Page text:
Lee Harrision, a speaker at the International Living conference, agrees. "Your main purpose for coming to Ecuador might be to live cheaply. But you also have to embrace the culture to really appreciate it." Like others, Harrison points out the benefits of healthy living. "The stress level is low, the food is fresh and locally grown, and the weather is great. These are things that might not be readily available back home."

Although expats live all over Ecuador, they tend to concentrate in five areas.

With its designation as the top retirement city in the world, Cuenca is far and away the most popular destination for expats. Drawn by the city's colonial history and architecture, rich culture, quality health care and good infrastructure, Cuenca has seen the number of expats increase from approximately 200 in 2008 to more than 1,400 today. Add long-term visa holders, such as students, teachers and missionaries, and the total of English-speakers approaches 2,500. Fortunately, the growing number of foreigners has not had a serious impact on the city's character; with a metropolitan population of 500,000, Cuenca has comfortably absorbed the influx.

Vilcabamba, just north of Ecuador's border with Peru, has the highest per capita concentration of expats in the country, with an estimated 200 residents and long-term visa holders in a population of about 2,000. The idyllic village, at 5,000 feet elevation, boasts what many claim to be the perfect climate. Local expats, many with a decidedly counter-culture bent, enjoy a laid-back life style, breathtaking scenery, opportunities for outdoor activities such as hiking and horseback riding, and hanging out in the cafés surrounding the picturesque village square.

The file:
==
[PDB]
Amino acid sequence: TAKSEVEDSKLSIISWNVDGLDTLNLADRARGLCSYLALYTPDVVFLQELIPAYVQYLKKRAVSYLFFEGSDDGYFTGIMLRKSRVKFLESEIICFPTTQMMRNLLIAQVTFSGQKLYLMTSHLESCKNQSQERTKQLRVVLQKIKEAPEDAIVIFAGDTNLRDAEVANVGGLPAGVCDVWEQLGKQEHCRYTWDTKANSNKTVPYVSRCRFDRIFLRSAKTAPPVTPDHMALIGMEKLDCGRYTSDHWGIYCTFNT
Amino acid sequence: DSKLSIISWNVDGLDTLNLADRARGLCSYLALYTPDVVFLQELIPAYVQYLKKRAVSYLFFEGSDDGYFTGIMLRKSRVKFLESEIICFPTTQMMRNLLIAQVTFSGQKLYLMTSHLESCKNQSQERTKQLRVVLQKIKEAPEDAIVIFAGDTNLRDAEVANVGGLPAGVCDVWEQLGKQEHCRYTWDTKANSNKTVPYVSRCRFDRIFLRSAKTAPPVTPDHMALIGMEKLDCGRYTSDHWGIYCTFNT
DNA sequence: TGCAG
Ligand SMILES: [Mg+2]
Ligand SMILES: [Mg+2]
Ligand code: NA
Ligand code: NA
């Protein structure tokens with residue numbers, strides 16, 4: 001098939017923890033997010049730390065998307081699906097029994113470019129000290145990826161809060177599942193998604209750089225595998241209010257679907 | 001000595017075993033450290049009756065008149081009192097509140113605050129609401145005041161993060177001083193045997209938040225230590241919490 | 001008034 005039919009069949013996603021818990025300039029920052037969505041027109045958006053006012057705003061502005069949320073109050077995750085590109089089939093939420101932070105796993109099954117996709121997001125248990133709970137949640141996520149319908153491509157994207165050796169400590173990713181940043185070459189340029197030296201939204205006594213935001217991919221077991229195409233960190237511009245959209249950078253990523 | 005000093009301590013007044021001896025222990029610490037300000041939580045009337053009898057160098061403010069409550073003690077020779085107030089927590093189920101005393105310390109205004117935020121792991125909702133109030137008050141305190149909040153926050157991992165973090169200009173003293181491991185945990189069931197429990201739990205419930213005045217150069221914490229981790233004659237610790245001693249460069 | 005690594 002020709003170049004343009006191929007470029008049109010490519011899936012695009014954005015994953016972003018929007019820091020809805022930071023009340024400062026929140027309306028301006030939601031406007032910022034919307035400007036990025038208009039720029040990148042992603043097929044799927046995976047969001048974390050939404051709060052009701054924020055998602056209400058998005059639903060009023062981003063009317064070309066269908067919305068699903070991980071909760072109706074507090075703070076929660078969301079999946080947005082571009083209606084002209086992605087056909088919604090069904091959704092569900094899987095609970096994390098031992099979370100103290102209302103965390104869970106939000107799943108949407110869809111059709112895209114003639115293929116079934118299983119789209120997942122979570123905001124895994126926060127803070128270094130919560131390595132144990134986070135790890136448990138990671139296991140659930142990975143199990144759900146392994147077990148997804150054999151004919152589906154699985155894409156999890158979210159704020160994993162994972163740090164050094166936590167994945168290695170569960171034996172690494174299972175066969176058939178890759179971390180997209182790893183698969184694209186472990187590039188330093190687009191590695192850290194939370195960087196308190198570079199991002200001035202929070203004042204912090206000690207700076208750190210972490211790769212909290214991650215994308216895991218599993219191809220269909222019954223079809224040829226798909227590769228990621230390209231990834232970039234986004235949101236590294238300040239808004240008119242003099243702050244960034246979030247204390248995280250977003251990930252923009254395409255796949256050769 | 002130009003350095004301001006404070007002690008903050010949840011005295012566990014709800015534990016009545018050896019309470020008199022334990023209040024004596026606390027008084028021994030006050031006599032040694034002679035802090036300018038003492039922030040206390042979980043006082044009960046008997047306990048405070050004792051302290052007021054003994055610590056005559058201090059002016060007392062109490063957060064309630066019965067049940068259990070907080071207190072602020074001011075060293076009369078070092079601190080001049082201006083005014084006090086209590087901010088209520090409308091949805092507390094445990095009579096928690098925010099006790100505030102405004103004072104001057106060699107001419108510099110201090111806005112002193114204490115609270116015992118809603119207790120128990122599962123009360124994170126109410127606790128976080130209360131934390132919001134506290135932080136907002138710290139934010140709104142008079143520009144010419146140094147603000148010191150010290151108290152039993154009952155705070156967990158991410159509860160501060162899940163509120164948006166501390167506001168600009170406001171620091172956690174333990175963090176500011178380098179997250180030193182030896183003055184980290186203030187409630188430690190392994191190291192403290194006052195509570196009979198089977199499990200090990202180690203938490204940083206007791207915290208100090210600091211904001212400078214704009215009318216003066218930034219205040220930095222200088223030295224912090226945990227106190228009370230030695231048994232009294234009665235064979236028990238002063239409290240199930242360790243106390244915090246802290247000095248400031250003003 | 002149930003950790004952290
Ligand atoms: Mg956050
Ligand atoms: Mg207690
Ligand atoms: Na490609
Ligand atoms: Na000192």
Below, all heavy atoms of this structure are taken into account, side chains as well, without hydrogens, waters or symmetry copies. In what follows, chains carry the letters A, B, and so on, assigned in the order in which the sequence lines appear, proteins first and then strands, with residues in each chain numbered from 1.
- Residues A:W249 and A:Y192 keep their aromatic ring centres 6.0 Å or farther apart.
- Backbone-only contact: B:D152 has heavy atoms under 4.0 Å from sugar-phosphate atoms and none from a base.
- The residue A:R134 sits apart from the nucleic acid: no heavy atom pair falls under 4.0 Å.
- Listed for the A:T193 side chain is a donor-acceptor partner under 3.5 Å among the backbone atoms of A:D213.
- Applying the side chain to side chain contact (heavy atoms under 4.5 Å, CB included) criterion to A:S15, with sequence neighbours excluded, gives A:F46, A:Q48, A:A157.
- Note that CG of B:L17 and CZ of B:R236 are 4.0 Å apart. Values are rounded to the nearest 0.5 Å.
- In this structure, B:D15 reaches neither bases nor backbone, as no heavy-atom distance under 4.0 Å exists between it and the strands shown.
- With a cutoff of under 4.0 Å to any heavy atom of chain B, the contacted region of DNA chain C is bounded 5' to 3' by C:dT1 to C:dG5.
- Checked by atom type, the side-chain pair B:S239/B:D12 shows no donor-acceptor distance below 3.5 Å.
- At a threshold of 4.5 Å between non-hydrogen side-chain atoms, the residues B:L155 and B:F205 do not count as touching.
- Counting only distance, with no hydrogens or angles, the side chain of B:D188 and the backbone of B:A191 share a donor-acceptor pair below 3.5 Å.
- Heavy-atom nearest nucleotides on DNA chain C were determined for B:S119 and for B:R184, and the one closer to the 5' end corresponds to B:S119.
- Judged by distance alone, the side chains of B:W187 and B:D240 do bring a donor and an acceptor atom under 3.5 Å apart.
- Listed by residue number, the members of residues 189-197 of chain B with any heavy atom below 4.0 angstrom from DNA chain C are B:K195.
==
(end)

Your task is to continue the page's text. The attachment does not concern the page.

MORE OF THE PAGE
Located two hours north of Quito, Cotacachi has claimed a top spot on the list of expat towns in recent years. Known as a center for leather goods, the town's main street is lined with dozens of shops selling jackets, vests, purses, wallets, and belts. In addition, Cotacachi is notable for its proximity to Otavalo, Ecuador's largest crafts market. Immigration officials estimate that 150 permanent residents, and dozens more part-timers, live in the area. Cotacachi is one of the few locations in Ecuador with primarily gringo housing developments.

The southern coast, including the resorts of Salinas and Playas and the beach towns of Montañita, Olon and Puerto Lopez, has proven a strong draw for beach lovers. Often referred to as the "Little Miami Beach' for its phalanx of high-rise condos ringing the town harbor, Salinas attracts both full- and part-time foreigners and offers a vibrant resort atmosphere with good restaurants and nightlife. An hour north of Salinas, Montañita has earned the reputation as Ecuador's surfer capital and offers a vibrant international youth culture. Another hour's drive to the north, Puerto Lopez is a bustling fishing town best known for humpback whale watching May through October.

The north-central coast, dominated by the growing port city of Manta, is another hot spot for expats. With a population of more than a quarter-million, Manta's modern infrastructure, fine dining and shopping options have attracted many foreigners. Expats prefer to live in beach condos just outside of the city. North of Manta, Bahia de Caraquez, Crucita, Jama and Canoa also boast a growing expat population, mostly drawn by the casual Margaritaville beachcomber atmosphere. Road and bridge-expansion projects in the area have made the area increasingly accessible to both Ecuadorians and foreigners.

Wherever they decide to settle, Ecuador's newcomers arrive with high expectations. "I'm looking for a new adventure," says Monroe.


Actualizado por


- en Diario HOY - Noticias de Ecuador.